This teacher describes this approach to writing in terms of student responsibility and authenticity. These very competent students need to learn to take risks, aspire to authenticity and develop an individual “style” that will “carry them through”. A “good classroom” is one where students become more independent: “I feel happiest when I can hear the children talking about it themselves” in contrast to “when it’s just me talking and saying, you know, does that make sense and does that work—and they’re all polite and lovely that they’ll just nod, you know”. It is when the students are active and collaborative learners that the teacher feels that pedagogy has been effective: “When they are teaching each other is when I feel really happy about working”. The artefacts that were uploaded are tools that enable students as individuals and as a cohort to be become more self-reliant and independent writers.
The case studies we have developed in this paper are necessarily partial and unable to represent the breadth and complexity of pedagogy, even in these schools and classrooms. However, they suggest some of the common characteristics of English teaching. They oscillate between the creativity and individuality of voice that tends to be valued in progressivist or growth traditions, manifest in English as process writing, and the demands for textual evidence, analysis and argument required for literary criticism. These are different kinds of writing that we would expect students to master through their studies in English. Students are apprenticed into these traditions in their English classes and equipped through varying approaches to skill development, explicit teaching and rehearsal in low stakes contexts. Highly structured approaches to language and form are also evident. We would expect to find a focus on both creativity and structure in the teaching of writing in secondary English, with pedagogical attention extending beyond mechanistic naming of parts of speech or language features into how knowledge and understanding of them can facilitate their artful and purposeful manipulation in contexts of use to increase effectiveness of writing. It is clear also that teachers seek opportunities, within the varying constraints of their contexts, to express pedagogic, professional and collaborative agency (Chisholm et al. 2019). As we have noted, this sampling of artefacts is incomplete and the animation of artefacts can only happen effectively in pedagogical spaces that are shaped by the dynamic, responsive and performative arts of teaching.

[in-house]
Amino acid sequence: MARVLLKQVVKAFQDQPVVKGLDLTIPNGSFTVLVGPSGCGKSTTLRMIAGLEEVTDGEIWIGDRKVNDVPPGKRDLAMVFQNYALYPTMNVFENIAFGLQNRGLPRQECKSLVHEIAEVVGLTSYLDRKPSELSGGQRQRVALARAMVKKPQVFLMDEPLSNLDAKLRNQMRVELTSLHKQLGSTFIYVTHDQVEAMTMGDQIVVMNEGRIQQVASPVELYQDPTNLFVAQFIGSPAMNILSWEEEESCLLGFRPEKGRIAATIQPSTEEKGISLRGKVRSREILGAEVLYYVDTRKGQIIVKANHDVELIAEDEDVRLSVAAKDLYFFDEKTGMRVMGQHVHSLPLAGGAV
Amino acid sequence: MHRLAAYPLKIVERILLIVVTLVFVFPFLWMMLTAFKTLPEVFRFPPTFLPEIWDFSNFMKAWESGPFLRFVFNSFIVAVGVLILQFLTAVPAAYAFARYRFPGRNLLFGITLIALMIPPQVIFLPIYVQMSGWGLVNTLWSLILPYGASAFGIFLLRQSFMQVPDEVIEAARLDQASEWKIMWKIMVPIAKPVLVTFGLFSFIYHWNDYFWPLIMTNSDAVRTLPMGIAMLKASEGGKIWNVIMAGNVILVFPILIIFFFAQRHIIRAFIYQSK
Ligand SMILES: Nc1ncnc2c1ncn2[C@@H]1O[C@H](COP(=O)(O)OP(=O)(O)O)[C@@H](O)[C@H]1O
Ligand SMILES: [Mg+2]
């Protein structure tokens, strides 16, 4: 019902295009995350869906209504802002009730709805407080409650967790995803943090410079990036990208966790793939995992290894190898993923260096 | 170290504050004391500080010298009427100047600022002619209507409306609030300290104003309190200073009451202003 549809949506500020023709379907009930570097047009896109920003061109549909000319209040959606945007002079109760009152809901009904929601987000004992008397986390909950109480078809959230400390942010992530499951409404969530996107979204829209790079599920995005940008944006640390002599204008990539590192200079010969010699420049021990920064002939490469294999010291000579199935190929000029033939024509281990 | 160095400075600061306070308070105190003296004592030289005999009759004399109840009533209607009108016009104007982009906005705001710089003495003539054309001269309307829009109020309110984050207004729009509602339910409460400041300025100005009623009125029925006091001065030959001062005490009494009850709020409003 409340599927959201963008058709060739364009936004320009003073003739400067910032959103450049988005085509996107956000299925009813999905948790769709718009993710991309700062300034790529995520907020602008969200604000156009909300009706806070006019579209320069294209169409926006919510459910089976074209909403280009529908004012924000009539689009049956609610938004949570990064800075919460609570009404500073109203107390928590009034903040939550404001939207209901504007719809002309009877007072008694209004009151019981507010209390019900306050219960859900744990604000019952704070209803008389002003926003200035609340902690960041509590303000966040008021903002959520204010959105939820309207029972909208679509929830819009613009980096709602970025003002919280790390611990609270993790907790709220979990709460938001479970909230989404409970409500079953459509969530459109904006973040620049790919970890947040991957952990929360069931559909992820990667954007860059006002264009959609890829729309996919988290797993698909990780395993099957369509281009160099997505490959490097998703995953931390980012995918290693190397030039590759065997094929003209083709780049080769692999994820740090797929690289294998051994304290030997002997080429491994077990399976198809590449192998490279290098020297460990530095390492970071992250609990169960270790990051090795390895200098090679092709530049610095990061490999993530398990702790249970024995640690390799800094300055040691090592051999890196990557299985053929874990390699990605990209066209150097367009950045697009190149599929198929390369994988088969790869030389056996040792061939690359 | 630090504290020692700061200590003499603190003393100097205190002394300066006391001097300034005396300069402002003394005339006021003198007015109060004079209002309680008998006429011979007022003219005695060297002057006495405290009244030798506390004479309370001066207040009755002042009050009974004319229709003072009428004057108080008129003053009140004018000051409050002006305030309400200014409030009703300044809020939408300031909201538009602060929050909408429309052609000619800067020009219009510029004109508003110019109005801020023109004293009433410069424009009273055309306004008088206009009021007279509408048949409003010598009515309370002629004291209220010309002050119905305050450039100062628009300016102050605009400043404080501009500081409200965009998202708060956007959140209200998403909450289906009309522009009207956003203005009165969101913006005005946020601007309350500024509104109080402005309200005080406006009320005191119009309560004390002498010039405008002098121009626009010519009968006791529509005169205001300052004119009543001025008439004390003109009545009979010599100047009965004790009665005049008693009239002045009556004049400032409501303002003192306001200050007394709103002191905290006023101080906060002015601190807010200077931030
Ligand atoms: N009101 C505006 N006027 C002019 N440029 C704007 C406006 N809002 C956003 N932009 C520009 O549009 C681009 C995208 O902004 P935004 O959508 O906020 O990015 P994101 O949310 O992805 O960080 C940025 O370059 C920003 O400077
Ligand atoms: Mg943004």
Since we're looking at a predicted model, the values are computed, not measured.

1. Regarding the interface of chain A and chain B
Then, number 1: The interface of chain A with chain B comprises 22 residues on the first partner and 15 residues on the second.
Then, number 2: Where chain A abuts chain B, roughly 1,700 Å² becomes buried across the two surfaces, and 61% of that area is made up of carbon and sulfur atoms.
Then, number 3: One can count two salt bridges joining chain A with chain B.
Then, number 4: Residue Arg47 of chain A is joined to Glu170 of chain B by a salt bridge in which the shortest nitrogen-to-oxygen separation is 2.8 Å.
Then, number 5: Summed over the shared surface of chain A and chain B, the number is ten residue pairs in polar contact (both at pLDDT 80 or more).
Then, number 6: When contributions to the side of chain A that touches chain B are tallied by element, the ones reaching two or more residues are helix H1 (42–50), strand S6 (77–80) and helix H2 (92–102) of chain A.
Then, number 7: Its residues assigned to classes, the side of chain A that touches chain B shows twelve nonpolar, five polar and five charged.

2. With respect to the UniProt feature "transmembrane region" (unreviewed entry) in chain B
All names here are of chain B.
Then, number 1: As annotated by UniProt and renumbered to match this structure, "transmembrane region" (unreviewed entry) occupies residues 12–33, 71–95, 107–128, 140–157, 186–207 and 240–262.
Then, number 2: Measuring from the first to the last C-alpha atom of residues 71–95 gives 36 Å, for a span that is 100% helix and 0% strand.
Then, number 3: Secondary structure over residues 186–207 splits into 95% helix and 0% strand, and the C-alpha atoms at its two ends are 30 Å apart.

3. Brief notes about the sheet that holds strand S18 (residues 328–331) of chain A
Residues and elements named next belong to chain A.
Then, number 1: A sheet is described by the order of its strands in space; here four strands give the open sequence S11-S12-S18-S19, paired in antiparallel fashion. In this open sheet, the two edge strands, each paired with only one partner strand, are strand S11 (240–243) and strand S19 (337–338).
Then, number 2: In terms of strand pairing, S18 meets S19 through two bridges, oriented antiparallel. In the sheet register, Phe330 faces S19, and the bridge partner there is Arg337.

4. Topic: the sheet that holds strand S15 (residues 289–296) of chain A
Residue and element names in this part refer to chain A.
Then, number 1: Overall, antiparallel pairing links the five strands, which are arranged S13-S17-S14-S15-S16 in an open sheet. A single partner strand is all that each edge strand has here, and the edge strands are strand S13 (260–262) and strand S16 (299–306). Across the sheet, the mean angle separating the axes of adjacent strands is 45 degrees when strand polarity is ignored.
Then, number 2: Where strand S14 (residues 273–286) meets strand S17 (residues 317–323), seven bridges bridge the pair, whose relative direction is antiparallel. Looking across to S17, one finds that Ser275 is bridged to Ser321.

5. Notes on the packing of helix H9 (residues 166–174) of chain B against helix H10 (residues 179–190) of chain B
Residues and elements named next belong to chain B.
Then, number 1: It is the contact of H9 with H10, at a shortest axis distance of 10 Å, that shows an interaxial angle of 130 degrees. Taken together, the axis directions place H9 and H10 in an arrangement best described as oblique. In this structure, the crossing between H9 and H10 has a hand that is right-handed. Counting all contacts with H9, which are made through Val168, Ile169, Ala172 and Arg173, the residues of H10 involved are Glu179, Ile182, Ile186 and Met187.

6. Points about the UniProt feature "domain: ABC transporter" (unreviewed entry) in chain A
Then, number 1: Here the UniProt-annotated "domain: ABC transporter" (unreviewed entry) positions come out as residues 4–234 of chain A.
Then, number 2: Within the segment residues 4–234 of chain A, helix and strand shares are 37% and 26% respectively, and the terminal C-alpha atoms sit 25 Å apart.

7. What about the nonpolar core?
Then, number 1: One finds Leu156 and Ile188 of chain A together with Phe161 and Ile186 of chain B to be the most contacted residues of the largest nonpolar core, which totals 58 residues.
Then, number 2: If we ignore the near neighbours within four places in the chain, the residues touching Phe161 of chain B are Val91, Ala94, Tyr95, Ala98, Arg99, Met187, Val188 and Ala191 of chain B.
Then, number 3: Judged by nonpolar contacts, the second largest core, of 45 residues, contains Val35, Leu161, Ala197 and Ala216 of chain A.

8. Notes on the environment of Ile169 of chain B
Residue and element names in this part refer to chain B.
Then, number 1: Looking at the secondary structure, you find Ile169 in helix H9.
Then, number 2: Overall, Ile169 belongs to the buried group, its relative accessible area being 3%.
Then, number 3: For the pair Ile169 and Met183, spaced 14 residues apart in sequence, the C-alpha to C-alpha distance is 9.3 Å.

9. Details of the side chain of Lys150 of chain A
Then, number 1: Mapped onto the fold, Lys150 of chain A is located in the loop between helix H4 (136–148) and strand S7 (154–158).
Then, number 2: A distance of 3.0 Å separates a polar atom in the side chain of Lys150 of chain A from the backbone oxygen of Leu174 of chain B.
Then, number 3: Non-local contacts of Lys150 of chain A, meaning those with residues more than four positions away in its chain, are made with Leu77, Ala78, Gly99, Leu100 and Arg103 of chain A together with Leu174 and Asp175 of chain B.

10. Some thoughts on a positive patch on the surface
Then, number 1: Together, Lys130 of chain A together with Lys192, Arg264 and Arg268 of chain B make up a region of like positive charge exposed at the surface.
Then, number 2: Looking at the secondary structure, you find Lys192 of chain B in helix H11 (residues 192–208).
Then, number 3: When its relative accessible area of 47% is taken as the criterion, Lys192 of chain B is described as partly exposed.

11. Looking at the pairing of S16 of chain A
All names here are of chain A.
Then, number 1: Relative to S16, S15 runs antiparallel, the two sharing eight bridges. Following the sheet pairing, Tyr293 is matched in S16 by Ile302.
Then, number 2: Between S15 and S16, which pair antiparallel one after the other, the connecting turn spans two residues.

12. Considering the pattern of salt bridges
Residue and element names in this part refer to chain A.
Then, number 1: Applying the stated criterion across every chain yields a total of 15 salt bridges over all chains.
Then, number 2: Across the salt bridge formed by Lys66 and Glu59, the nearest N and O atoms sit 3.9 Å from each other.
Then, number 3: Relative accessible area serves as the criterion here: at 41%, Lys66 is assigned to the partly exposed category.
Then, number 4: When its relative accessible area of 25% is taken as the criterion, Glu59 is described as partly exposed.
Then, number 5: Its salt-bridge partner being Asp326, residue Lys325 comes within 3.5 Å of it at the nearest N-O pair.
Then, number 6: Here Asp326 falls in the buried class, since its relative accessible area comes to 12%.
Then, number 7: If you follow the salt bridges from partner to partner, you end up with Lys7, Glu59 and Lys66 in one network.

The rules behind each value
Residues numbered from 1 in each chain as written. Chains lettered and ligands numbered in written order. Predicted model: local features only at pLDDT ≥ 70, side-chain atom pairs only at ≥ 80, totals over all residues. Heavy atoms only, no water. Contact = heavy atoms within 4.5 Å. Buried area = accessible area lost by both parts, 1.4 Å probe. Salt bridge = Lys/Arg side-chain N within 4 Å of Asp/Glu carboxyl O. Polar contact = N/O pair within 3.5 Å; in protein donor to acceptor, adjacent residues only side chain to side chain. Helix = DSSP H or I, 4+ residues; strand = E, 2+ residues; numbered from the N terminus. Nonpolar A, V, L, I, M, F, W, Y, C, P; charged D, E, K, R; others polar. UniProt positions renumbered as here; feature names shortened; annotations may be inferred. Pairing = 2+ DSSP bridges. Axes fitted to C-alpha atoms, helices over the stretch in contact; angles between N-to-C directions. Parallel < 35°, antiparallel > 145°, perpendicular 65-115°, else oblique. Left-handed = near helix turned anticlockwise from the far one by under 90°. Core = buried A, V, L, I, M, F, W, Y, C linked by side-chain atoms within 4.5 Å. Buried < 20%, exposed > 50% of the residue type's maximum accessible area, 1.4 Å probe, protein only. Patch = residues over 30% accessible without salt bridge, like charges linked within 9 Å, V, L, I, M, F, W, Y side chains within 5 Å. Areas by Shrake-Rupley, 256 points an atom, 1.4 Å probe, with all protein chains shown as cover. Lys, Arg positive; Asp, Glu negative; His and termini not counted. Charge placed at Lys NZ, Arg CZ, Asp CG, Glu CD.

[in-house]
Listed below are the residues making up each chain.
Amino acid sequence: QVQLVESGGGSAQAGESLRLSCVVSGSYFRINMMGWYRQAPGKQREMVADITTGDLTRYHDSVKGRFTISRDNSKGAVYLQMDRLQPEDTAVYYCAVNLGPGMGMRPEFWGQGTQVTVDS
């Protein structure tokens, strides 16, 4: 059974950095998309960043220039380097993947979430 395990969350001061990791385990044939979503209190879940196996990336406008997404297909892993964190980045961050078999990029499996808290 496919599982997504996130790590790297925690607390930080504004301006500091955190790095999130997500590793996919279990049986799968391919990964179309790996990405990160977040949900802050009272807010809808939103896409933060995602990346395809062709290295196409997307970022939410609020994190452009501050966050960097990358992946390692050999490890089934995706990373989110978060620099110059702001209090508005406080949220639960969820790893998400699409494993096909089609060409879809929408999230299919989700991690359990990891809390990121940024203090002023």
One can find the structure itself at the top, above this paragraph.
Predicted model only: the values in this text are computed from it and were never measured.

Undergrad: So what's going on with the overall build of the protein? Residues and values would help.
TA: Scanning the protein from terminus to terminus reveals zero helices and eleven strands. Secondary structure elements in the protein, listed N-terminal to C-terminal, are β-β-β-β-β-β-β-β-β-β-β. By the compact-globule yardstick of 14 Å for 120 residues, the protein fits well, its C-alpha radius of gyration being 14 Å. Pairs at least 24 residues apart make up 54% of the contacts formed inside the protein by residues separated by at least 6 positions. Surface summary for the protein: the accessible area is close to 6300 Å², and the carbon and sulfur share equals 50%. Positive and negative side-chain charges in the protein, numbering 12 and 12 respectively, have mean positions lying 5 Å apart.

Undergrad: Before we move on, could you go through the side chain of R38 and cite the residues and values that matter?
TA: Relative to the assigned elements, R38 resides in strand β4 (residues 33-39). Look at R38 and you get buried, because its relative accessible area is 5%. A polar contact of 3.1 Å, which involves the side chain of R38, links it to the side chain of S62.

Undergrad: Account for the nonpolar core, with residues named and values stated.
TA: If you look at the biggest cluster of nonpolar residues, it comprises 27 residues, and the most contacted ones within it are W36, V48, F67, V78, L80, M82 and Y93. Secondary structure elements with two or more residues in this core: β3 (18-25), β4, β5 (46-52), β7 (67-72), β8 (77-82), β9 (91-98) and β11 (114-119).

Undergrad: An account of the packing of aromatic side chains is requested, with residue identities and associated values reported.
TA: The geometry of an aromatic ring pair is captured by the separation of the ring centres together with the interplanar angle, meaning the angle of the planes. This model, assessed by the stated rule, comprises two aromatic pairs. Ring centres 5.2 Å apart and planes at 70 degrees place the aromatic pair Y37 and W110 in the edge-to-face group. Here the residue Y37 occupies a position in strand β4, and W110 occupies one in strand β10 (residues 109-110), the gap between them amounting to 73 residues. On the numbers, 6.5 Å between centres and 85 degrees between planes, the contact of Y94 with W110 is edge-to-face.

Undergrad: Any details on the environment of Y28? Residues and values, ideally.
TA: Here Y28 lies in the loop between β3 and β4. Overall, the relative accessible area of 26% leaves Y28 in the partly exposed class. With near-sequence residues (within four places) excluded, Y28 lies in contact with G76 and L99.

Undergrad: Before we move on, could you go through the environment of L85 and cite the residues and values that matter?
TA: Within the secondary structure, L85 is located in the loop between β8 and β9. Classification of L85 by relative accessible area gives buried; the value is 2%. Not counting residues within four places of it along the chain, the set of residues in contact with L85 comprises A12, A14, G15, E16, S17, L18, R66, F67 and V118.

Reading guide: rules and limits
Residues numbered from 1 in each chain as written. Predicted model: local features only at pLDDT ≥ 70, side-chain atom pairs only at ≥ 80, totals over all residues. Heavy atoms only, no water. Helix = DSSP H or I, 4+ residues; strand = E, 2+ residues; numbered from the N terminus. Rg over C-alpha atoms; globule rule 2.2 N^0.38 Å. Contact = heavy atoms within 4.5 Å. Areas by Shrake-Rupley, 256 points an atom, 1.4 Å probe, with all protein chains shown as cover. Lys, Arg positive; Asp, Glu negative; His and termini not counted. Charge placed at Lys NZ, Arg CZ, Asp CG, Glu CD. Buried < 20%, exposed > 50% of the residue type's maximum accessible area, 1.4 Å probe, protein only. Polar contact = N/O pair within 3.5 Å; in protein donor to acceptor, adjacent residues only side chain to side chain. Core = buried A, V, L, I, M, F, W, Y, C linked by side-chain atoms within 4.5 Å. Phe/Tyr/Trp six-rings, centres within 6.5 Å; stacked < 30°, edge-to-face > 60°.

None of the teaching artefacts offered to the research by teachers was explicitly directed towards NAPLAN, and none of them was collected close to the period of NAPLAN testing. However, all teachers talked about NAPLAN in their interviews. Their discussions of NAPLAN were not directly attached to the artefacts that we have discussed in the case study section. However, implicit references to NAPLAN can be ascribed to some of the pedagogical discussion in the previous section. Mention of a “low stakes” context for writing implies the “high stakes” context that is opposite to this—NAPLAN. Although whole school literacy approaches preceded NAPLAN, attention to “explicit teaching” and “direct instruction” has expanded through corporate support for selected professional learning programmes that are intended, amongst other effects, to improve NAPLAN results.Footnote 3 The homogenising formulaic approaches to paragraphing signalled by acronyms like TEEL (or PEEL) are critiqued in writing research, but widespread in practice and perceived by many teachers to be beneficial to student persuasive writing in NAPLAN (McKnight 2020). Overall, the perception of NAPLAN as a measurement was that it is overstated, inaccurate or unrepresentative of the capabilities of students. Discussions related to NAPLAN and writing instruction concentrated on teacher concerns about rigidity of genre and text structures, the role of English teachers as literacy instructors and NAPLAN’s role in school planning.